Allmusic has words:
This is one of the most potent instances of the viability of the jazz-rock merger. Of course this style had been done a few years earlier with acts like Tony Williams Lifetime and the Mahavishnu Orchestra. In fact Cobham was a member with Mahavishnu when this was recorded. As tension began to give off sparks in that unit, he thought about doing a solo album. "Stratus" was the most influential track from Cobham's debut, "Spectrum", from 1973. How "Stratus" is different is that it featured guitarist Tommy Bolin's rock style. It proved especially incendiary in the jazz-rock idiom. Throughout "Stratus" his playing was less concerned with sounding "pretty" like many jazz guitarists, and his burning solos just go for the jugular. Of course that's not unlike Cobham's drumming style. No wonder they played so well together. Unlike a lot of the era's finest work, "Stratus" has endured.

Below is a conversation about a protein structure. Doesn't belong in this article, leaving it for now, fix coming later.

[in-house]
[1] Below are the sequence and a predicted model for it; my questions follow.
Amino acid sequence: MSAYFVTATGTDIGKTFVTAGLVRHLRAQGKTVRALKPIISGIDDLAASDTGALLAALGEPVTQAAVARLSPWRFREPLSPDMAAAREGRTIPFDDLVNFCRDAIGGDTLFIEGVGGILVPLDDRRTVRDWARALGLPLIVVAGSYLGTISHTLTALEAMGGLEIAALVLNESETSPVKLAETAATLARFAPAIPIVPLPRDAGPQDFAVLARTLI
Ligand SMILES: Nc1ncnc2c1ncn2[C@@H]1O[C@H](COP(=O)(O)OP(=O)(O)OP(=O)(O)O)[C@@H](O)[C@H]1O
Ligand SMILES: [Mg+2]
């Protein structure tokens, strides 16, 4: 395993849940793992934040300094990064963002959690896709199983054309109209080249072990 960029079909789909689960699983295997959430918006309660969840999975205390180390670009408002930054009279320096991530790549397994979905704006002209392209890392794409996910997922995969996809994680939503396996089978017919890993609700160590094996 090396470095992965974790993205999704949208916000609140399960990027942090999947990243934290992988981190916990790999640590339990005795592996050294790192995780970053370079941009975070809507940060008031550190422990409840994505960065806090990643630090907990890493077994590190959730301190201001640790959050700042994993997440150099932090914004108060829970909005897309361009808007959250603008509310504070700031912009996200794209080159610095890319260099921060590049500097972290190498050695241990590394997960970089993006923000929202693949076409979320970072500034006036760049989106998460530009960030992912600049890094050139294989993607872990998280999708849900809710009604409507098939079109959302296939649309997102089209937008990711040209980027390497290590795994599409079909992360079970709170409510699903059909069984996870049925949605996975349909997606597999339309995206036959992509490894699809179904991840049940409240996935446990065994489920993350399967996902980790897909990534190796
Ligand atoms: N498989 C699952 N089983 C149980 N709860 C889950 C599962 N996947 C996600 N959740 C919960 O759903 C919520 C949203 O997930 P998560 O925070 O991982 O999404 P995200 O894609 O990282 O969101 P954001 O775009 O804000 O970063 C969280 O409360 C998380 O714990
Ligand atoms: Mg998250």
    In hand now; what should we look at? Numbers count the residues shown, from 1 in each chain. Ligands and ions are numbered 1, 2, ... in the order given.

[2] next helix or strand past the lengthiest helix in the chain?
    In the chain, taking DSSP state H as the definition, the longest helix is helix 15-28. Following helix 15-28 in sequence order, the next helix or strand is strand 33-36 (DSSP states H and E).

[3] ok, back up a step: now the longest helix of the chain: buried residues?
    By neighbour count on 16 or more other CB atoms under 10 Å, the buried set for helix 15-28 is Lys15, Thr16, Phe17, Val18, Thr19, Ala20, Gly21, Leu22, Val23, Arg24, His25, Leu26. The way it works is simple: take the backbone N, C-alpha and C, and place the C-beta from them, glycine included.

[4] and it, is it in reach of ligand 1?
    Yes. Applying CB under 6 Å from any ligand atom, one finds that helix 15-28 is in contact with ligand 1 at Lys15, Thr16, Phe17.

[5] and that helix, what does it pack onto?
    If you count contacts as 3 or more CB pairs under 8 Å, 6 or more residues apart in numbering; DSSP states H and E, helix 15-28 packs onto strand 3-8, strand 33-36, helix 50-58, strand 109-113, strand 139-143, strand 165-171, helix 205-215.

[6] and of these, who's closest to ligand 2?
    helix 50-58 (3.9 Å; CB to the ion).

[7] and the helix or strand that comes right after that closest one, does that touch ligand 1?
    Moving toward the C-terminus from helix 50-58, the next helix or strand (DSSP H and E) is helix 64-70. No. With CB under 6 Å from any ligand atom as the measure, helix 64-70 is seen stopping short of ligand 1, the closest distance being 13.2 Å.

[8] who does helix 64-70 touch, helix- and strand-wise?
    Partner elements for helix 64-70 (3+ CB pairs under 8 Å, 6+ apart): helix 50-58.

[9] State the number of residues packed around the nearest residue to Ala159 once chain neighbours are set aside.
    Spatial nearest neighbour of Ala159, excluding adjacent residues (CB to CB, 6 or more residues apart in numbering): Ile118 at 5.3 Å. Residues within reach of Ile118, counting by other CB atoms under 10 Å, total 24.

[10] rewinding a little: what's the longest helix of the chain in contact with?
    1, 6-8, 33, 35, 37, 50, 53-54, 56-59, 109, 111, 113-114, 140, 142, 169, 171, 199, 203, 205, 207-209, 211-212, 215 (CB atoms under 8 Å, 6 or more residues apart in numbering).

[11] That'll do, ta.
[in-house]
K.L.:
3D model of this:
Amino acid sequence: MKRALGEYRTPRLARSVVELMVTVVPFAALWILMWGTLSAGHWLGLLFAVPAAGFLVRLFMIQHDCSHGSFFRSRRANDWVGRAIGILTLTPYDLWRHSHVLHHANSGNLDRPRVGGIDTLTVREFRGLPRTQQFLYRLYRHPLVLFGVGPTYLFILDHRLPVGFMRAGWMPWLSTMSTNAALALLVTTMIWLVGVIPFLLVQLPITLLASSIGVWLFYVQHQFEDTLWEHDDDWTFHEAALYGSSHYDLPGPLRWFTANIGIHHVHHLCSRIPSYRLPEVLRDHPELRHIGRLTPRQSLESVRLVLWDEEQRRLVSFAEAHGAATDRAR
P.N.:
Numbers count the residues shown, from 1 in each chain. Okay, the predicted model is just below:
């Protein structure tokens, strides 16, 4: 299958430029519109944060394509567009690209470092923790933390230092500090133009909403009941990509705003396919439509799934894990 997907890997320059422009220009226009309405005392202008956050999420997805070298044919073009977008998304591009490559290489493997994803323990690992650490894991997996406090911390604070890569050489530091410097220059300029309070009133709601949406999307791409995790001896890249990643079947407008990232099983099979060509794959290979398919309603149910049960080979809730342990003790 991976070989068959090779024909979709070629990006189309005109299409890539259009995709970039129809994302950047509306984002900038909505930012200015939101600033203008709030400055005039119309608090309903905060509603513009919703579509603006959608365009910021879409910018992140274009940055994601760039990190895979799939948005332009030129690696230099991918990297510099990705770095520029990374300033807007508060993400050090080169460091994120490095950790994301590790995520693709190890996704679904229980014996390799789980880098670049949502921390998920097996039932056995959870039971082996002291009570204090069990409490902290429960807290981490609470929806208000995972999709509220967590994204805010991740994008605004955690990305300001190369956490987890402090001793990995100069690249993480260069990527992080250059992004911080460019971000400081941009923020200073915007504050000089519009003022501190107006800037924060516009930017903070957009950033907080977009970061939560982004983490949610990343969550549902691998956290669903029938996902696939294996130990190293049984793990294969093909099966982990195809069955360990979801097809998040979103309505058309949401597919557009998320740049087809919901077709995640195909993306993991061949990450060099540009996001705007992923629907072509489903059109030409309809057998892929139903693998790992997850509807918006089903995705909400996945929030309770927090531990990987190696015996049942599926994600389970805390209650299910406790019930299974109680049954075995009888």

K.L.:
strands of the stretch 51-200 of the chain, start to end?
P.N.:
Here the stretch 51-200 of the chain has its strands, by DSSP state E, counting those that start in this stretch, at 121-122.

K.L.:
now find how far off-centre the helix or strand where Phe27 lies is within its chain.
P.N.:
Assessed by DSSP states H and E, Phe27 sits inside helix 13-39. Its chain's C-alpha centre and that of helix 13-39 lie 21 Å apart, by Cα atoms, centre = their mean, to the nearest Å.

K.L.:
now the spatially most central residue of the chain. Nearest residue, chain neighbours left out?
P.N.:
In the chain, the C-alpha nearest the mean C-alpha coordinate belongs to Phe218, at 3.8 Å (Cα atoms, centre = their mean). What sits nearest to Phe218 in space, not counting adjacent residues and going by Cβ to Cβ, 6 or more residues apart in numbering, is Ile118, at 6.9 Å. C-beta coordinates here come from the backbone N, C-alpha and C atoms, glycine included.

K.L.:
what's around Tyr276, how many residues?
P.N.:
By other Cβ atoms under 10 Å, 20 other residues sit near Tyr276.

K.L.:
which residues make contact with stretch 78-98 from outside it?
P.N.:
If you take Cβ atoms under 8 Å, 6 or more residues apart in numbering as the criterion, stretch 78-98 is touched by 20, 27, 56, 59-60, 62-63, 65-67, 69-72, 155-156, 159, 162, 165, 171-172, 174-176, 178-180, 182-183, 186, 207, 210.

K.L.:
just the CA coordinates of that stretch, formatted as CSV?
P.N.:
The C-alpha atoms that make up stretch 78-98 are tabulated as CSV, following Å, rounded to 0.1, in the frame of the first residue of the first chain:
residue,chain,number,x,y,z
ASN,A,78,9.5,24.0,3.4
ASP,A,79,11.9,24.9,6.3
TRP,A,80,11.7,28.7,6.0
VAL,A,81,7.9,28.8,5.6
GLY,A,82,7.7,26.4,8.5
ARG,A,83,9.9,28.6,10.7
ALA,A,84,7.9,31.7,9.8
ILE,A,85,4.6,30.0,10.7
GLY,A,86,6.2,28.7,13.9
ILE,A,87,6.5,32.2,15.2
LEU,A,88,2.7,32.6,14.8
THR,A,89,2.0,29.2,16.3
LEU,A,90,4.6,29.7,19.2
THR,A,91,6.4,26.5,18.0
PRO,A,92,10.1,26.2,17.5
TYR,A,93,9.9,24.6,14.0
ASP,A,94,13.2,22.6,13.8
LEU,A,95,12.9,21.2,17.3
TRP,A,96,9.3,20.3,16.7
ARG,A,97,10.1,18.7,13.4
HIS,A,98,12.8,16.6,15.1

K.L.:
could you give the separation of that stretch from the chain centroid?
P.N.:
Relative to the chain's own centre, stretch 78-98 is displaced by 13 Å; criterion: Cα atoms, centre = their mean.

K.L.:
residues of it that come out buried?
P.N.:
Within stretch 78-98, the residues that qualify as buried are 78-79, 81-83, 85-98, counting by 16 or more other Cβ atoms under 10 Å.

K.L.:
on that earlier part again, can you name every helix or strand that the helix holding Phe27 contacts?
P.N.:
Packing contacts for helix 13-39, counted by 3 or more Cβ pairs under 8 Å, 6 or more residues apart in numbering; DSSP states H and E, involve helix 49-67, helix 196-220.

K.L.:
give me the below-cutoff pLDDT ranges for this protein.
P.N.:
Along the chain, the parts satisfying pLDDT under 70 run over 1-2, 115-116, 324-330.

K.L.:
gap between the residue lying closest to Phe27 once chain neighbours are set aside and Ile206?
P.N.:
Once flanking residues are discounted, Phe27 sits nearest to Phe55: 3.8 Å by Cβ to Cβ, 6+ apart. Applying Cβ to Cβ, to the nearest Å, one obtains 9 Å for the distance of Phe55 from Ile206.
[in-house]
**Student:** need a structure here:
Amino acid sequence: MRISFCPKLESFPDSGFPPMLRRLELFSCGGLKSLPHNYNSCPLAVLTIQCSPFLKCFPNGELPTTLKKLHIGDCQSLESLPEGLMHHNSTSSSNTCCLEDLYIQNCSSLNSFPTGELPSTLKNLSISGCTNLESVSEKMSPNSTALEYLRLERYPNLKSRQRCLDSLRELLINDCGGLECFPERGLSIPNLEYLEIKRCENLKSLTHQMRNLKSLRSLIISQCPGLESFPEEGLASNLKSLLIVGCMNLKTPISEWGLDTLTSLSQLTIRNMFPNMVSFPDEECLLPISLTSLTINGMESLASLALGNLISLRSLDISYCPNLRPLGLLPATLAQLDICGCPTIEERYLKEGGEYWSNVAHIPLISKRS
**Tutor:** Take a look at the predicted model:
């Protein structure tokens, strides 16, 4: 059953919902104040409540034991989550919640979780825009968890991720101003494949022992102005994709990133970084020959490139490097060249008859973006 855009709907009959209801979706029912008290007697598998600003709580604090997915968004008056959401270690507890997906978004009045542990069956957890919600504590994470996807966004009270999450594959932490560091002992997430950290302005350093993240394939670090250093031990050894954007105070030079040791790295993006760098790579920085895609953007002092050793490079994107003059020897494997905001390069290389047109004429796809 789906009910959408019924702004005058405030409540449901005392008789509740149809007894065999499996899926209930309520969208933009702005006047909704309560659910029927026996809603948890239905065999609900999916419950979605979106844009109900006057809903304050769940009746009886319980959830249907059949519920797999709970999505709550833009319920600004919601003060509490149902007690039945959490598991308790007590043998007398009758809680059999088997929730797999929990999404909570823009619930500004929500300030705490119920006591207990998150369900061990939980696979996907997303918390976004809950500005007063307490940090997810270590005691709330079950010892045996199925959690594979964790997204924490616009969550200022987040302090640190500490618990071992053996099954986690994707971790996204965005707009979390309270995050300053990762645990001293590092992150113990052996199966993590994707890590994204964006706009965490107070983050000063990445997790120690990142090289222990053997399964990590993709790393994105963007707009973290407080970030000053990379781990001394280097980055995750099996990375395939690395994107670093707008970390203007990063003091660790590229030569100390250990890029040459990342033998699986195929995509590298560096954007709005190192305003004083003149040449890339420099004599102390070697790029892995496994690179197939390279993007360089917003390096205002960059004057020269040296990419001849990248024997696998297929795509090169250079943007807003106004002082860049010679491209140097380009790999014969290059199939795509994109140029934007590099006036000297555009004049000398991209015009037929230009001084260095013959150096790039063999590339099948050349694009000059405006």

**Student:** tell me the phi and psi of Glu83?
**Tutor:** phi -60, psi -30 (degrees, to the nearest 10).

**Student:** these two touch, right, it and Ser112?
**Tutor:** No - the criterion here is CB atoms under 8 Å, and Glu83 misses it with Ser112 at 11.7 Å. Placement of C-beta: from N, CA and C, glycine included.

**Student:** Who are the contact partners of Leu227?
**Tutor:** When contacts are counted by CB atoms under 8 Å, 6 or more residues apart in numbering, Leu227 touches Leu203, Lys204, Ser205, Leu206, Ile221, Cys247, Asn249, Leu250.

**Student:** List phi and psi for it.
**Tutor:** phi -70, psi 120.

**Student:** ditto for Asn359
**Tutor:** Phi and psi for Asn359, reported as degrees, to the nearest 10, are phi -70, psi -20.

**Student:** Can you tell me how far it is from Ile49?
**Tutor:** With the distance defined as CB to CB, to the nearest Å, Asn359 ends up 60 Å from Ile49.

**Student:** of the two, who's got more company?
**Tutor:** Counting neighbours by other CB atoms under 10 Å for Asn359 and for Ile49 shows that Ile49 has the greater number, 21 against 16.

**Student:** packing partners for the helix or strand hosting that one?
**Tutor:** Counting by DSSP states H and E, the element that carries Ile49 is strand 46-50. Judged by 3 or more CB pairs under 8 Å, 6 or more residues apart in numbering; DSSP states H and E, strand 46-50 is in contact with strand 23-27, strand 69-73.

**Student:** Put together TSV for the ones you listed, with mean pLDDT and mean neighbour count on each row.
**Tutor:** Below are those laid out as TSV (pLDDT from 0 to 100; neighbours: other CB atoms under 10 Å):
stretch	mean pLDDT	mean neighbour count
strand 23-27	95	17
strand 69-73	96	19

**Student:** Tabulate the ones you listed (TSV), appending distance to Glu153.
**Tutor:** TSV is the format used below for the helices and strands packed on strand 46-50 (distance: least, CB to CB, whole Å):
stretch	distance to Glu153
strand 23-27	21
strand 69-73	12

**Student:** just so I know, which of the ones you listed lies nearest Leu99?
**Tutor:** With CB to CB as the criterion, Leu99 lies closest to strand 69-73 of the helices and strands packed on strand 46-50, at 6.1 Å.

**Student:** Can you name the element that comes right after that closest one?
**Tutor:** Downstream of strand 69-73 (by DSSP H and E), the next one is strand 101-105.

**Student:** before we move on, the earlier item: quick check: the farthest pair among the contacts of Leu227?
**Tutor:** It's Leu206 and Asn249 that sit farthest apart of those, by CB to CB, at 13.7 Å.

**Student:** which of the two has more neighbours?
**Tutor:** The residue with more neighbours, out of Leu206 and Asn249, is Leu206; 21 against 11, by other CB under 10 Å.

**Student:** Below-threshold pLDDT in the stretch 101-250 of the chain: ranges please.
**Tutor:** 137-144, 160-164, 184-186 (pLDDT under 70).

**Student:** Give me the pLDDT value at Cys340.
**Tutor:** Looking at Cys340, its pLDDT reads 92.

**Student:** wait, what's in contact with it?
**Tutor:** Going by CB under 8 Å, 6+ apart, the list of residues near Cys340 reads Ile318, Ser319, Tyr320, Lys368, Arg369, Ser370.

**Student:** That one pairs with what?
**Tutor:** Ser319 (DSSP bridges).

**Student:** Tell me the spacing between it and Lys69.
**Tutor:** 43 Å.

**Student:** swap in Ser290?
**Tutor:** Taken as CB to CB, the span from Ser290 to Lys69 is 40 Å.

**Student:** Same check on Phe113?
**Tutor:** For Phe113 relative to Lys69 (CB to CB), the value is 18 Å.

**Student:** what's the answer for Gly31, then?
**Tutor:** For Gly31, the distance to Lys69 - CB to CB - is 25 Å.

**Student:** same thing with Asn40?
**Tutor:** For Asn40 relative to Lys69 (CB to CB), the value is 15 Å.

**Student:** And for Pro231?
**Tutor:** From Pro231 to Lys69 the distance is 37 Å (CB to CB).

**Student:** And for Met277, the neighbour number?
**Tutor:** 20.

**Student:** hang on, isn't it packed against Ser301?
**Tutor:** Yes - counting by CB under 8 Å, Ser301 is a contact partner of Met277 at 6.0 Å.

In 1991 elements of Lee Sklar's loping bass part were used in Massive Attack's "Safe From Harm." For Bolin, he continued to be respected in jazz and rock until his death from a drug overdose in 1976. Posthumously, live versions of "Stratus" have appeared on solo albums released on the label Tommy Bolin Archives. This version of "Stratus" was the perfect way for Cobham display his skills as a composer and to kick off his successful solo career.
A 10-minute groove from start to finish, which leans more towards that funk than jazz. You can really hear Cobham go crazy at the finale at 9:52, with a rock-ish riff. Jan Hammer came from Mahavishnu to help, before going on to his own solo career. Tommy Bolin was just getting his big break, as he had just joined The James Gang. Lee Sklar, even the studio bassist, was just there to add this album to his thousands of sessions.
Get it here : Stratus